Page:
Flash back to Tuesday night. Just a little more than 12 hours before word would start to spread that President Obama was getting ready to take the historic step of publicly endorsing gay marriage. North Carolina’s Amendment 1 had passed with voters, overwhelmingly. Everyone — from Republicans to some Democrats to gay rights groups — blasted Obama.
Amendment 1, which banned both gay marriages and civil unions in North Carolina, was the final straw for some gay rights groups — the same ones that had promoted the Obama administration’s record on gay rights, including the repeal of “Don’t Ask, Don’t Tell” and the decision to no longer defend the defence of Marriage Act.
By 3 p.m. the next day, all of that didn’t matter. Gone. Out the window. In 18 hours, he had completely shifted the issue of gay marriage from a major potential liability into a base energizer and a campaign strength.
“It takes a tremendous amount of courage to do that following a huge loss in North Carolina,” Fred Karger, the gay Republican presidential candidate, told Business Insider on Wednesday. “And I know they’re doing a lot of internal polling looking at Ohio, Florida, New Mexico. This is a still a very controversial issue.
“But that’s what a president does. That’s why we elect a president: for bold leadership.”
The move is not without risk. But there are a few reasons why polling analysts and party leaders think Obama will only benefit from his move to endorse gay marriage.
It coincides with a shift in public opinion nationally. It announces a bold move, even in the face of unpopularity in the swing state North Carolina. And analysts don’t believe it will shift many, if any, votes this November, while they think it will re-energize a base to pump support and money into a campaign that has struggled to come anywhere close to the enthusiasm levels of 2008.
Many believe it won’t affect the election at all. Rep. Barney Frank, who is gay, told Rachel Maddow Wednesday night that he doesn’t believe this announcement will have any political bearing for this election. And Karger said the net effects would amount to a “wash” — it’s still about the economy. And indeed, the issue of gay marriage and gay rights poll very low on voters’ importance of issues.
Take North Carolina, for example. Virginia grey, a distinguished professor of political science at the University of North Carolina, said in a phone interview Wednesday that the margin by which Amendment 1 passed — about 61 per cent to 39 per cent — “has to be a concern” for the Obama campaign.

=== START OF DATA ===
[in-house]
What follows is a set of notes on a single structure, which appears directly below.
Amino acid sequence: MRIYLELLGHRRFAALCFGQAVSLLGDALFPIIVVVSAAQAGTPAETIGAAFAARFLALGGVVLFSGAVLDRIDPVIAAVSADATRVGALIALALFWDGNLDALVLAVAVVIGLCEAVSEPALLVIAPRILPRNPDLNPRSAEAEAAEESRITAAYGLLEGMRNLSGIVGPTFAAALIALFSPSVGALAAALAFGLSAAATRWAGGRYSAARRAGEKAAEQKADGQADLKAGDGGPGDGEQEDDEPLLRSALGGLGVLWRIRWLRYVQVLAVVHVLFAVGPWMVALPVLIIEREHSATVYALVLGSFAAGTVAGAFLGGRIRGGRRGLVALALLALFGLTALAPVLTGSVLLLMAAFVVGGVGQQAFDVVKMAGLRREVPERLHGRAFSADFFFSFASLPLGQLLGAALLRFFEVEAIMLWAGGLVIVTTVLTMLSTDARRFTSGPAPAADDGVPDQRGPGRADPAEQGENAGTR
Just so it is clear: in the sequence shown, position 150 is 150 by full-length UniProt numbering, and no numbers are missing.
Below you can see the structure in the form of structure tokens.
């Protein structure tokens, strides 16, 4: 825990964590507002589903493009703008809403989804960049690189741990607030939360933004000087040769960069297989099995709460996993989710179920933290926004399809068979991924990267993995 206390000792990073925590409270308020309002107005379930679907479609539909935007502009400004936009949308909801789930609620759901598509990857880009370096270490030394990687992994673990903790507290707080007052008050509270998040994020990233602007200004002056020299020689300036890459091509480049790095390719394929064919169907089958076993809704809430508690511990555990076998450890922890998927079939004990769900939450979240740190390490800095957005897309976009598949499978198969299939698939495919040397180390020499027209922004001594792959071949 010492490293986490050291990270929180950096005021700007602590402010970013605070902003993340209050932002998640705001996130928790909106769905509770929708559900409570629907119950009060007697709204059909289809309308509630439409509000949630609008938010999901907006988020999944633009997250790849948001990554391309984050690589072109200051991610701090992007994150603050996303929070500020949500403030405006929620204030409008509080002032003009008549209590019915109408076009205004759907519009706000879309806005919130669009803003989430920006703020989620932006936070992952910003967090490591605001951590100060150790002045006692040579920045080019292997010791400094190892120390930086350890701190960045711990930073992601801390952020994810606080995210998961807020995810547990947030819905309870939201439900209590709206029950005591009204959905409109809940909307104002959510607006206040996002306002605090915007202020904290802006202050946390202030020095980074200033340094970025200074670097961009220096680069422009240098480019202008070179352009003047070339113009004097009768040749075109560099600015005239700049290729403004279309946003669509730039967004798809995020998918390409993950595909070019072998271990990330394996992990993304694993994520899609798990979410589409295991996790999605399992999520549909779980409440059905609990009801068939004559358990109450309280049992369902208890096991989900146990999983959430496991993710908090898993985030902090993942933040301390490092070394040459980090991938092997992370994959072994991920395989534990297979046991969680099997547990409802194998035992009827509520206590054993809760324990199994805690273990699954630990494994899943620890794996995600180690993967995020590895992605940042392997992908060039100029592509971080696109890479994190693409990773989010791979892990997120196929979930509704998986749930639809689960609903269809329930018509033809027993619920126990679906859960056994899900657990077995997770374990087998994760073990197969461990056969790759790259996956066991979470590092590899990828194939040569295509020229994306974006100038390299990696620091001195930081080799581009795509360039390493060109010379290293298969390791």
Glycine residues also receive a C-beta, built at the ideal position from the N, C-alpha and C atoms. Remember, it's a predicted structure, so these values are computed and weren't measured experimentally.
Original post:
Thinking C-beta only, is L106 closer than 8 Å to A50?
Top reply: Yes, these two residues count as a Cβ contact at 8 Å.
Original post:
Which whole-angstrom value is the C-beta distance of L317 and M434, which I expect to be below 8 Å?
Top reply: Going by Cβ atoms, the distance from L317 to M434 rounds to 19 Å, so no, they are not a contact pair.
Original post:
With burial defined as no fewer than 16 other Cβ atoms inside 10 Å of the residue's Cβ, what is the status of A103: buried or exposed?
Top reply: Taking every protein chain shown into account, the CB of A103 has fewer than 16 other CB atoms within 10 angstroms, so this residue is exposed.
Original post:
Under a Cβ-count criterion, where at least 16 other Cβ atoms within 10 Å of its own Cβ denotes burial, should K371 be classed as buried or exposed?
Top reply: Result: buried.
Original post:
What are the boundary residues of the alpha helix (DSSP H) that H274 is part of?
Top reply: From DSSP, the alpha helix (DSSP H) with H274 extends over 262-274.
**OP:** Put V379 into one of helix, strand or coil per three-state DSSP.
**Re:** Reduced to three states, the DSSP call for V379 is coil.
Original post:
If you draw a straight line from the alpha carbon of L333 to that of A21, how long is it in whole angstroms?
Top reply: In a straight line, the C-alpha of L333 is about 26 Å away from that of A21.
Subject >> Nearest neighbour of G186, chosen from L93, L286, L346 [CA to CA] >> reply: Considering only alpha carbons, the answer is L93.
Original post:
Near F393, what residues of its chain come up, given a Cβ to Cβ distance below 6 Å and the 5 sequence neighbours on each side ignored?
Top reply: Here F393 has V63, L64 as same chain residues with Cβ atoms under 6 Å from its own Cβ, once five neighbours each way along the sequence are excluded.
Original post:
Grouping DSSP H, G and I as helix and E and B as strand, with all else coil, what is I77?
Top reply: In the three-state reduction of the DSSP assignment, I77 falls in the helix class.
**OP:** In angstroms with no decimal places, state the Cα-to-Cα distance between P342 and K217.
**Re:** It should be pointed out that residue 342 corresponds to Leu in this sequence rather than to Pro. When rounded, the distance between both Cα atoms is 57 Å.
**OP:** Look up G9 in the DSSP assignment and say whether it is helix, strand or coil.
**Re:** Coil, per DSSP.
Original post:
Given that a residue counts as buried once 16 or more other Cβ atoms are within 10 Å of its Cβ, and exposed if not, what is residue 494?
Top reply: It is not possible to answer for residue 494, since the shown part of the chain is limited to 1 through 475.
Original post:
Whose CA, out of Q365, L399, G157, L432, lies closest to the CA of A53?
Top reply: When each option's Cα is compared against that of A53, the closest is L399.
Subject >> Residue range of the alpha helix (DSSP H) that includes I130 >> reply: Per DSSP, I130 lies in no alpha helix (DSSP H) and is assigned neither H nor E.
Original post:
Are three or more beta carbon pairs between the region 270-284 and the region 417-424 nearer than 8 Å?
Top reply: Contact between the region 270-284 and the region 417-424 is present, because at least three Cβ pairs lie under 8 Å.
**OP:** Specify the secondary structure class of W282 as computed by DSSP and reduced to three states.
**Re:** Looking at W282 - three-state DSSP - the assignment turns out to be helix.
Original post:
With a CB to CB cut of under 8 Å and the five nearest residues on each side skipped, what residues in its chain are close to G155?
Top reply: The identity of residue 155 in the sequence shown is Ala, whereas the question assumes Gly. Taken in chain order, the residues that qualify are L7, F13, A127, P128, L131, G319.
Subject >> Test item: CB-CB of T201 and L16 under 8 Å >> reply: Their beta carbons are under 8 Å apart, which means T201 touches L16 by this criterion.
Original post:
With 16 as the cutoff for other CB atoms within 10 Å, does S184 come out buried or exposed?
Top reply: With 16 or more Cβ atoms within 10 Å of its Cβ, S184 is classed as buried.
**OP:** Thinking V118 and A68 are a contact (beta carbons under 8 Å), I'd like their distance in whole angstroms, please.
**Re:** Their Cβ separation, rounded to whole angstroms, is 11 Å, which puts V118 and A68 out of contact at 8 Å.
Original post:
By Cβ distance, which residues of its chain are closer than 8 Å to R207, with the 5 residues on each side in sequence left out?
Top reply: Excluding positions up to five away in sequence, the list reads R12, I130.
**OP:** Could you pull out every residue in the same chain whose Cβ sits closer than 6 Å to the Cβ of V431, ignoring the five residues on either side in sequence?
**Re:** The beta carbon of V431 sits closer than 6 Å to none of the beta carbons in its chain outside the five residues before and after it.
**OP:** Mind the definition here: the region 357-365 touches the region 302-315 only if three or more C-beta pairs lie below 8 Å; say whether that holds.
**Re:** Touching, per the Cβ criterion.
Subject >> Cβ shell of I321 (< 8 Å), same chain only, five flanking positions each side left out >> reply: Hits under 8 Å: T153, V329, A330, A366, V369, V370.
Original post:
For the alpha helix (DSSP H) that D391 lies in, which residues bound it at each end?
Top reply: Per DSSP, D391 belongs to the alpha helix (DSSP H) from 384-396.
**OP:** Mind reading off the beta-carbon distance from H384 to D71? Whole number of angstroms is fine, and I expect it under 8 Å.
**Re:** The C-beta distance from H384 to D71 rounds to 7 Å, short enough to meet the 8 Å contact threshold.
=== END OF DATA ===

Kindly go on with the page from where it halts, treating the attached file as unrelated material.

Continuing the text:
But remember: North Carolinians really did not understand what they were voting for. In its final poll before Tuesday, Public Policy Polling found these crazy numbers: 53 per cent of voters in North Carolina support either gay marriage or civil unions. And 46 per cent did not realise that they were voting to ban both. Yet 61 per cent ended up voting “yes.”
In time, voters will begin to realise the full effect of what they passed. The increased awareness could mobilize more support in grassroots campaigns and, in turn, for Obama.
“I think the days of Republicans using gay marriage as a wedge issue to rile up socially conservative voters, those days are waning,” said Jim Williams, a polling analyst at PPP, which is based in Raleigh.
“At this point, public opinion on gay marriage in America is changing rapidly. And there’s just as many people who are going to be excited about President Obama coming out in support of gay marriage and are going to be more likely to work on his behalf. And that will negate any sort of conservative uprising.”
What about black voters, who tend to vote Democratic but are more socially conservative on issues like gay marriage? Well, Williams said, Obama is not going to lose any of those votes. Both Williams and UNC’s grey said the effect there could be on turnout rather than a shift in vote to Mitt Romney.
But Obama could also press the issue and drive the agenda, driving more black voters to support gay marriage.
And sometimes, people respond to bold moves.
“Especially with Gov. Romney, who seems to lack a core, I think President Obama was probably concerned of a similar charge against him on this issue,” Karger told Business Insider on Wednesday. “So the fact that he now is honest … I think it’s the domino effect. It will encourage many Democrats and even some Republicans to come out and support this.”
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